Book Review: The Answers by Catherine Lacey

4.5/5 Stars.

Wow, I loved this book. I knew from the opening page that I would. Sometimes you find writers who seem to get you or speak to you on a level that just makes sense, and that’s how I feel about Catherine Lacey. The Answers is my ideal kind of novel: quirky, witty, intellectually stimulating and deeply character-driven—yet there’s still an actual plot carrying it forward.

Is it possible to achieve a prolonged state of limerence—the physiological and psychological stage of a body as it falls in love? Does there exist a person who will meet one’s every needs? Is there such thing as a perfect relationship? Mary Parsons has been selected to participate in an experiment that seeks to answer these questions. She—along with several other women—will each play a separate girlfriend role for the wealthy actor funding the experiment. And Mary’s role is arguably most important of all: Emotional Girlfriend.

For Mary, whose life is in a state of stagnant listlessness as she falls further into debt paying for strange new methods to treat her chronic pain condition, the Girlfriend Experiment (as its aptly named) is an opportunity to make some easy money. The irony of it all is that Mary is actually a rather emotionally detached person, and most of the novel is spent inside her analytical mind.

The Answers could have easily become trite, as many novels that explore the issue of love inevitably do, but in Lacey’s capable hands, this one transcends the predictable cliches. It implores readers to question more than just the how of making love last, but the very reasons why we seek romantic connections in the first place—and what that might tell us about who we are.

We may never be able to completely know another person, but we’ll always have ourselves. If we can learn to be okay with that, and if we’re willing to accept the uncertainty of human relationships and the gaps and distances that will always exist between two people, maybe we’ll come to find that that’s enough.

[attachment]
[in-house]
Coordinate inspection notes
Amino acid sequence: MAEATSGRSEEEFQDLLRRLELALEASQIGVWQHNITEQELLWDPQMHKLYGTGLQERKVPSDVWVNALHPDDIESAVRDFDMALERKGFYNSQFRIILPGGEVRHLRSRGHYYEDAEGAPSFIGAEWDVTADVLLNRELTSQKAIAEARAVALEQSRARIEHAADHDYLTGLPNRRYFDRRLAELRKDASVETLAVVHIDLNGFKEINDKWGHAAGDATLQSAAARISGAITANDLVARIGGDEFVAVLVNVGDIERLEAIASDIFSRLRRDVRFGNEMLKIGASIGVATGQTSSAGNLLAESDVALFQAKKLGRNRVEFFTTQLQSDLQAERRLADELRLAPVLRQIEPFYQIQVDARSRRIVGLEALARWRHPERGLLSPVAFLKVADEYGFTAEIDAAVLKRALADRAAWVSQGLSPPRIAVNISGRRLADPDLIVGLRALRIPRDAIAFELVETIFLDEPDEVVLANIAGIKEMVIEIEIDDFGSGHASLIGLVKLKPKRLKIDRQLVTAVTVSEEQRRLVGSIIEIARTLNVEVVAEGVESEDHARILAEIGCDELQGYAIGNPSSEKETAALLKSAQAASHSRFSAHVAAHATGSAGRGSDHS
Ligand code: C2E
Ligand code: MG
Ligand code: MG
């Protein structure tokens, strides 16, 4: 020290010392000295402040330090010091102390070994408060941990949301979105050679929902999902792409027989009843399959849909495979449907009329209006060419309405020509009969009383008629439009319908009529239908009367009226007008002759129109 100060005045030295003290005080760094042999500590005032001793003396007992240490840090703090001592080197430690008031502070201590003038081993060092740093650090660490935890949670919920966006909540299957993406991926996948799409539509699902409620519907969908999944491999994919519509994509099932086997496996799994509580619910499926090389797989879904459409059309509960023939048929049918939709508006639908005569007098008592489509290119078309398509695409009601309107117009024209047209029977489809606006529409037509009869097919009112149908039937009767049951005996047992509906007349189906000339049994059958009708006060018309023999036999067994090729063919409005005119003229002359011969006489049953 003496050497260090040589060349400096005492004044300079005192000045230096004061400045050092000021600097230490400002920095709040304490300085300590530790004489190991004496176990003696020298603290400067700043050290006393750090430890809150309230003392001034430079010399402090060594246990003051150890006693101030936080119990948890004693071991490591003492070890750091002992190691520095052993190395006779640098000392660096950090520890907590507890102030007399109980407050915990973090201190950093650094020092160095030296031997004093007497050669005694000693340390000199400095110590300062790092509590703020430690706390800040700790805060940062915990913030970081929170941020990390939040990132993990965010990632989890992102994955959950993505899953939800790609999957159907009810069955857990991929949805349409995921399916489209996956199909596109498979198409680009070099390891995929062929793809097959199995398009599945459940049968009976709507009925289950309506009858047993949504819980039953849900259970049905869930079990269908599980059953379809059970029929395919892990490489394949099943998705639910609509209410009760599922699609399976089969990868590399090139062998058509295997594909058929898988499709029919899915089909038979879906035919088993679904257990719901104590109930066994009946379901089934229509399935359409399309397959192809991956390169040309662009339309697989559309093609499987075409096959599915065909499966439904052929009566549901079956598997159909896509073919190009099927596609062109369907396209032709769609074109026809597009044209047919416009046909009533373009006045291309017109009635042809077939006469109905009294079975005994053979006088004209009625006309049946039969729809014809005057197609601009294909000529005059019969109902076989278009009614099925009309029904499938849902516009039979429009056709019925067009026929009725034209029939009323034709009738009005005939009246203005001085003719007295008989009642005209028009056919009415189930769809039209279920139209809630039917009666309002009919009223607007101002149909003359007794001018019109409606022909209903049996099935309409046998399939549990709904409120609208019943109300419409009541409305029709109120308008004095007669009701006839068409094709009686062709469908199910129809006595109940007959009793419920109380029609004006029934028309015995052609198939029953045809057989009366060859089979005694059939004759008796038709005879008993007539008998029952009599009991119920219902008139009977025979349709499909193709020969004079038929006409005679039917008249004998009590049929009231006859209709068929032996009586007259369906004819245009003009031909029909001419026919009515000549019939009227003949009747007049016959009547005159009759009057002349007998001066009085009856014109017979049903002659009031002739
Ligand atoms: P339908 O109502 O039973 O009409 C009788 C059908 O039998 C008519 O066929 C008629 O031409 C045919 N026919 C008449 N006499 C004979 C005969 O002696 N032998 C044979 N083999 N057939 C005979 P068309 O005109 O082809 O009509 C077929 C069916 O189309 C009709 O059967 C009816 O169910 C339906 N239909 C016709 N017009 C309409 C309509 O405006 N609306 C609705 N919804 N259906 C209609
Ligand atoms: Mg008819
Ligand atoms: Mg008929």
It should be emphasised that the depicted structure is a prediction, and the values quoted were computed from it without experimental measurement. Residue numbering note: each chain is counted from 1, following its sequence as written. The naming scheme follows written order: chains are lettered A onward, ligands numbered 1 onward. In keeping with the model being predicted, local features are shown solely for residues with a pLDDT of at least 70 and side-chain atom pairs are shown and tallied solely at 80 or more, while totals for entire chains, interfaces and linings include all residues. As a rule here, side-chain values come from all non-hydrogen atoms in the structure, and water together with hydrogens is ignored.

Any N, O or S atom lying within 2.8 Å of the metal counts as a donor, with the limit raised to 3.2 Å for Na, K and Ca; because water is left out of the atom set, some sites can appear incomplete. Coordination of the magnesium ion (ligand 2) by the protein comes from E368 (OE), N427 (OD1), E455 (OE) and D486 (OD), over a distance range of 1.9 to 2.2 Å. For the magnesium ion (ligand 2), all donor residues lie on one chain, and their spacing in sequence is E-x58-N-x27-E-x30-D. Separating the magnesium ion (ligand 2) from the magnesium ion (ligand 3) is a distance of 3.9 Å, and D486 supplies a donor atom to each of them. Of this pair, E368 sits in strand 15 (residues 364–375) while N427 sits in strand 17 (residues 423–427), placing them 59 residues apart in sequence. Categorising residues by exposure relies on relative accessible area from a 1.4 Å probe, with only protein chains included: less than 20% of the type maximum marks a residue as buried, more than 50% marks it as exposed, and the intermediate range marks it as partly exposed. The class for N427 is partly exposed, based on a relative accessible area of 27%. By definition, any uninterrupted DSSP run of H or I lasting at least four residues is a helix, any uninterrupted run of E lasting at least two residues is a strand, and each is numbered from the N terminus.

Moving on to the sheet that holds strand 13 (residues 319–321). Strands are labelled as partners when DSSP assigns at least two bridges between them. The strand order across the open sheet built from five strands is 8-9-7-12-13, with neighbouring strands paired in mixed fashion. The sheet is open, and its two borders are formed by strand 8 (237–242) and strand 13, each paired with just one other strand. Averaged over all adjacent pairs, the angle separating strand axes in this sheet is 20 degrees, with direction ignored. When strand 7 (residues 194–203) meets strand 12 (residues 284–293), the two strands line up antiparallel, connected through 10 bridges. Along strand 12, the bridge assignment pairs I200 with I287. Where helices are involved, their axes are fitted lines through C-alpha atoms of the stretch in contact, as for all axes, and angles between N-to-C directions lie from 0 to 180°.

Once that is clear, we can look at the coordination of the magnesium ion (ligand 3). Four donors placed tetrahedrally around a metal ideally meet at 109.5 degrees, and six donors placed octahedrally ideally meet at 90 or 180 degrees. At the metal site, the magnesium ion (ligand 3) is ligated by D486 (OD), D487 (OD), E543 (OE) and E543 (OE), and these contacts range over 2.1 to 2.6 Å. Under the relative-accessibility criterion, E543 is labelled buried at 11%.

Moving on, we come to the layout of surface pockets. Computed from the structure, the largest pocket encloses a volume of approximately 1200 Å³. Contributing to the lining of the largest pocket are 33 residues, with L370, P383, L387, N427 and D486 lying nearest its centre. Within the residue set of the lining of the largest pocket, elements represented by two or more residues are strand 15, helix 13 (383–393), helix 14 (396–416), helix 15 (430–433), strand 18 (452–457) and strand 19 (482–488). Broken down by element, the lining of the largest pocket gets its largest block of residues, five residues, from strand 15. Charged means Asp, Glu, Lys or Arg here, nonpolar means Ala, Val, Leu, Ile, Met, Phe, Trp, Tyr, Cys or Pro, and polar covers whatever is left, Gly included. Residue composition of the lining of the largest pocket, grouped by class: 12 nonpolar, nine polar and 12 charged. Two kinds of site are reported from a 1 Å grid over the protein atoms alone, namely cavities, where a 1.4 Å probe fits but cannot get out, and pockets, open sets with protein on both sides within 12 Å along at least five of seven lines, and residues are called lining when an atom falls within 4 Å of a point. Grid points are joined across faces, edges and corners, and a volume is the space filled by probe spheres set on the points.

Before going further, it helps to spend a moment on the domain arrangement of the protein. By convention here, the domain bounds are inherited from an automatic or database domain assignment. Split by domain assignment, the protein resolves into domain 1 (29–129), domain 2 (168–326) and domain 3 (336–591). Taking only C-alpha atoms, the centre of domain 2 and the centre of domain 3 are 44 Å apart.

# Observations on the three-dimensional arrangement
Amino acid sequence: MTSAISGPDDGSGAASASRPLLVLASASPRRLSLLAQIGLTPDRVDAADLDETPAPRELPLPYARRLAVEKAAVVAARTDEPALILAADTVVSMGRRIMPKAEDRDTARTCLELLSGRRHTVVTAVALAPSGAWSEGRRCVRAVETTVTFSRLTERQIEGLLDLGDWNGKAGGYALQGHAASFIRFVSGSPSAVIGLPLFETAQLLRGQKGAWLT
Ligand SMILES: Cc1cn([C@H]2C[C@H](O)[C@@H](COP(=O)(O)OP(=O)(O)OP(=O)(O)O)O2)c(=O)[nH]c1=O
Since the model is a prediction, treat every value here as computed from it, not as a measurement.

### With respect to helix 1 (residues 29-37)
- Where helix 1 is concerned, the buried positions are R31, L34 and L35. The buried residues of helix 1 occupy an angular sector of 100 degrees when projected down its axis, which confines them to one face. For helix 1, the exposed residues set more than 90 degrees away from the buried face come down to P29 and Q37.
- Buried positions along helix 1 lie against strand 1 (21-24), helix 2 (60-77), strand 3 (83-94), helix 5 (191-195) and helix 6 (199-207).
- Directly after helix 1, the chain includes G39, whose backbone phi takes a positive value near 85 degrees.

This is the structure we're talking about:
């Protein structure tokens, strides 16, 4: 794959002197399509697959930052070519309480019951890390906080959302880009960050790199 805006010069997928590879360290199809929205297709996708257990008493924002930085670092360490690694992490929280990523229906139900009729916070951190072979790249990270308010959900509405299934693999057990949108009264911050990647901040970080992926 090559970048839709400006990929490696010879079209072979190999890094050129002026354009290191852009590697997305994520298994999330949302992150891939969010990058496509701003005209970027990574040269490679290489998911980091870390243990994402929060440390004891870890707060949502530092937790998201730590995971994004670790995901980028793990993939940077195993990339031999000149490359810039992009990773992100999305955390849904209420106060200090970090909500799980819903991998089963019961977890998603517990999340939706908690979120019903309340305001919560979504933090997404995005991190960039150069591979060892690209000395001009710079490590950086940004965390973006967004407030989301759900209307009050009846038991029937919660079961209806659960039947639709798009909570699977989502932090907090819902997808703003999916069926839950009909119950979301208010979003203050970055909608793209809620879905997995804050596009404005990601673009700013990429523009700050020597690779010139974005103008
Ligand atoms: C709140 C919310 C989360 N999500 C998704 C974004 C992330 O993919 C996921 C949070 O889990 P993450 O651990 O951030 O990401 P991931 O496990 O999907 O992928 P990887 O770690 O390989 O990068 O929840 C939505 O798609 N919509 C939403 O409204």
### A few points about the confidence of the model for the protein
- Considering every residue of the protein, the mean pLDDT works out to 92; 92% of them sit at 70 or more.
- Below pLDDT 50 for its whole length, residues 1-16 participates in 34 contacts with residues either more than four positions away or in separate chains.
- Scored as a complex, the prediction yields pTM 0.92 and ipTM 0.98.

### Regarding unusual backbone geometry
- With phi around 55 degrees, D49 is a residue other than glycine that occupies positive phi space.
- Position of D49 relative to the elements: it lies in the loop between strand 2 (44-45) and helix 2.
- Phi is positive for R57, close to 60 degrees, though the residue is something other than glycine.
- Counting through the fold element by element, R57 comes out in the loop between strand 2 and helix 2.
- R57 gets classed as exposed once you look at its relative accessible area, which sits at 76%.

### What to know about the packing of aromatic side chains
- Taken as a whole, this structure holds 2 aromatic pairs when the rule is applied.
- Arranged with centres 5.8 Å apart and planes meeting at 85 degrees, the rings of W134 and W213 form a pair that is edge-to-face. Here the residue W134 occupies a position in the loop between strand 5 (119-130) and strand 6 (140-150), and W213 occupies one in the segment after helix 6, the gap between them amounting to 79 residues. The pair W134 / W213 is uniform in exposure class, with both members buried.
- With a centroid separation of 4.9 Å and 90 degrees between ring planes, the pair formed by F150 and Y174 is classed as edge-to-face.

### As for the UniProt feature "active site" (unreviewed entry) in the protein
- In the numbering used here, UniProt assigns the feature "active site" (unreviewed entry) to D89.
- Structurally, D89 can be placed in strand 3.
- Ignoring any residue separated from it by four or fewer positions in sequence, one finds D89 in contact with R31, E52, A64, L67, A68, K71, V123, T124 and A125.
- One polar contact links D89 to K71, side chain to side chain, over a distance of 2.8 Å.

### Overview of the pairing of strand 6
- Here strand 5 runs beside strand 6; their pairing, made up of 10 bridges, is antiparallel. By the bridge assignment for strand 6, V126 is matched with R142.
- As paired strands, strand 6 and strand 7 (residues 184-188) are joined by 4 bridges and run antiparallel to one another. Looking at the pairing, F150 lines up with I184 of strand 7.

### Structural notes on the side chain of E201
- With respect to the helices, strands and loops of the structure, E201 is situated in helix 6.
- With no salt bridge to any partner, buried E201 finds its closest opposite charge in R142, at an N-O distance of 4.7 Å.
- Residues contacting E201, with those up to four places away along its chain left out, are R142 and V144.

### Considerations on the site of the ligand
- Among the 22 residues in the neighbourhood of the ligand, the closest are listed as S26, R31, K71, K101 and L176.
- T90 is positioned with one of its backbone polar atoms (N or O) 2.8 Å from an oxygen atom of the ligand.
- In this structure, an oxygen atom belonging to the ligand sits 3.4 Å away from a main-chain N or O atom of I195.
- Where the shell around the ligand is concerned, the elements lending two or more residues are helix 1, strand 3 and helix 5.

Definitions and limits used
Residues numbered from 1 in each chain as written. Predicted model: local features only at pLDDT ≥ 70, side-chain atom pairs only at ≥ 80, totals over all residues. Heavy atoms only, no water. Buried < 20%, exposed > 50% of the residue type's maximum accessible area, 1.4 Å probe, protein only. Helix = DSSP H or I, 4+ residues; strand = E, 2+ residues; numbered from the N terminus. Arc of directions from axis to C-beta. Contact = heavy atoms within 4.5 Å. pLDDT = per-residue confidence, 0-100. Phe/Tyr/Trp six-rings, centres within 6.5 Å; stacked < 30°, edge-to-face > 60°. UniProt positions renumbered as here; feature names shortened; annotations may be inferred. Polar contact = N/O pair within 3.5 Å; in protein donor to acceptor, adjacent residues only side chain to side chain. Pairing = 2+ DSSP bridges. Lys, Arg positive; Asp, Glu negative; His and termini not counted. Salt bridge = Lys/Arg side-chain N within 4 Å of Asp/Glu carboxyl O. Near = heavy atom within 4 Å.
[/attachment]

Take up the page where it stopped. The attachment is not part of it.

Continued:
Fans of Miranda July, Alexandra Kleeman and Lydia Millet will likely enjoy this one as much as I did.

Book Review: Nobody Is Ever Missing by Catherine Lacey


4/5 Stars.

I’ve never read Eat, Pray, Love (and have no desire to), but I get the feeling this book is sort of the antithesis of it and other feel-good books about women finding themselves.

Without telling anyone, Elyria abruptly leaves her husband and her normal Manhattan life behind, traveling across the world to New Zealand to escape and isolate herself from the monotony and melancholy she has grown to resent, as well as her unresolved grief following her sister’s suicide.

In New Zealand, she engages in a series of reckless behaviors: hitchhiking with strangers, sleeping in abandoned sheds in the middle of nowhere, and ultimately landing herself under psychiatric evaluation.

Consumed by feelings of dread, anxiety and apathy, Elyria self-consciously exposes the darkness that lies deep inside of her, meditating on her own innate wildness. There’s this sense throughout that she wants to want the decent, normal life from which she has estranged herself, but knows ultimately the futility of this. Perhaps the biggest tragedy of all though is seeing her come to terms with the fact that no matter how far she slips away from her old life, she will never escape herself.

Told in first-person stream-of-consciousness prose, Nobody Is Ever Missing is a haunting, surreal portrait of a woman in the midst of a personal crisis. Lacey’s writing is lyrical and poetic; I found myself dog-earring multiple breathtaking passages and lingering on her stunning, powerful writing.